FEEDBACK ONLINE - ISSUE 27
A monumental tribute to the composer who's musical battles were fought with the "Gods"
Beethoven Symphonies Nos 1-9 Special Edition,
Conductor: Bernard Haitink, London Symphony Orchestra and Chorus - LSO Live, 6 SACDs LSO 0598
This, soon to be, historical project was done during a half year period of time concluding at the end of April, 2006. It also includes a fine performance of Beethoven's Triple Concerto and the Lenore overture No 2. All are available separately in CD and SACD offerings. Note, to our many international readers, at this time this special edition is only available in the USA and not even in the UK! As usual the SACD version offers better sound quality even when played in a typical two channel stereo system. Played back in a reasonably good multichannel surround system, the resulting sound quality takes a giant step or two toward offering some of the audible qualities music lovers enjoy at live concerts! SACD sound is not a gimmick; it is for music lovers. Avery Fisher Hall patrons, will in October, be enjoying this same grouping performed by the LSO. That may be a reunion of sorts; former LSO managing director, Clive Gillinson, now manages Carnegie Hall. Hopefully some of these discs' selections will be performed at the LSO's biennial two-week series held in Daytona Beach, Florida coming next in July, 2007.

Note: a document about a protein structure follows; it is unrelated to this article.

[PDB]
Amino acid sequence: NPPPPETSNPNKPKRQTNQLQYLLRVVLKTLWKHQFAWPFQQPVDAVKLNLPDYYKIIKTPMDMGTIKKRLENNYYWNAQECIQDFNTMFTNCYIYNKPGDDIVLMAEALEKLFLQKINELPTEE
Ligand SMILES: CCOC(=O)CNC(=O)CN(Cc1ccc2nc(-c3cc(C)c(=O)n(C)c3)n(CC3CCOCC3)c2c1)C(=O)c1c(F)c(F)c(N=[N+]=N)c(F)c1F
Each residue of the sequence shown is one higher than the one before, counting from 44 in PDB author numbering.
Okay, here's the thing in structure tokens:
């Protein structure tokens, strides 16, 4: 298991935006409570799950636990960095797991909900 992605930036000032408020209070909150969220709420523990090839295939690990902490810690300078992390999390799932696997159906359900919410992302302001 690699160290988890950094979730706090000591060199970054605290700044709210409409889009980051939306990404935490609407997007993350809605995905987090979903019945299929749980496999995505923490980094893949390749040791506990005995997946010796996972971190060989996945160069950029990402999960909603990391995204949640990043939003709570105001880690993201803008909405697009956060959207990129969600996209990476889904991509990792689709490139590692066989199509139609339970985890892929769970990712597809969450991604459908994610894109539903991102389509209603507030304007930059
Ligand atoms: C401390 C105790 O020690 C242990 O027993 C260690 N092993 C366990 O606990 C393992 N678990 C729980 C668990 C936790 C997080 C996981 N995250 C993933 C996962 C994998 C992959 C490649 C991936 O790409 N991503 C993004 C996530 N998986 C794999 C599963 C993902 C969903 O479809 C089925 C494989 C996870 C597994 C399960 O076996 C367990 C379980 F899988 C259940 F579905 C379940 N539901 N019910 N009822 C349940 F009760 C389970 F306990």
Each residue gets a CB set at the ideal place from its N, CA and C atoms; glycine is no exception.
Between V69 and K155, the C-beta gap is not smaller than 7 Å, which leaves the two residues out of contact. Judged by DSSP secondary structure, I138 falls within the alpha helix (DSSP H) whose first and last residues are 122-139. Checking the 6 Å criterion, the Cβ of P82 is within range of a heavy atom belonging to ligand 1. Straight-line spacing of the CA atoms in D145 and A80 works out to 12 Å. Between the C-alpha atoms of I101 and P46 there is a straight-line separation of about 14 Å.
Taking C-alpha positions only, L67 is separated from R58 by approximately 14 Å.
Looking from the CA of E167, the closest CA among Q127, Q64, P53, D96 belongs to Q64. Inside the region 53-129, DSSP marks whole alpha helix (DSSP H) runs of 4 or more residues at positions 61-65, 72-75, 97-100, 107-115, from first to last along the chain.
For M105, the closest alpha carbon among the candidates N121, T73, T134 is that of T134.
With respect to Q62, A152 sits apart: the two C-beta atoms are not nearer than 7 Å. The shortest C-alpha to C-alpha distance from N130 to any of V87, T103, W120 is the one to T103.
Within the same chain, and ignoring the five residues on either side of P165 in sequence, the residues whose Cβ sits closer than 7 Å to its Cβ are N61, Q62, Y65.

A book could, and probably should, be written about this monumental project. That would be covering a long and intimate psychological journey of man or mankind. Only Beethoven could do it musically. Reading my brief review cannot replace hearing these performances for yourself. These superb performances by every section of the orchestra can probably stand comparison with any orchestra in the world. Being the most recorded group probably helps. The leadership of Haitink, is perhaps, just a bit surprising. Many of us had not completely realized how very good he has become. The relatively light weight symphonies number one and two, not only suggest preceding composers such as Mozart, but reveal what is coming in the future from the master, Beethoven. The lovingly playful numbers four, six and eight suggest he is toying with himself, the audiences or perhaps “the gods" with whom he surely believes to be their equal. Number three may turn out to be my favorite and most nearly perfectly performed and recorded. Numbers five and seven, rightly considered great are giving given fittingly great performances. I will need repeated hearings of the great or greatest, symphony number nine (choral) with strikingly beautiful performances and reproduction revealing the layered great depth of each section of the chorus before making a final decision. The four soloists are clearly but slightly distantly placed. As usual I expect most reviewers to be hyper critical of at least one or two of them. At times there are hints of the effects of the Barbican's acoustics but overall much of the time the then seemingly closer microphone placements reveal much of the full and rich LSO sound! My highest recommendation is required here. I would warn against waiting for a superior overall performance from any group or recording as you may grow old and weary waiting for it to ever arrive.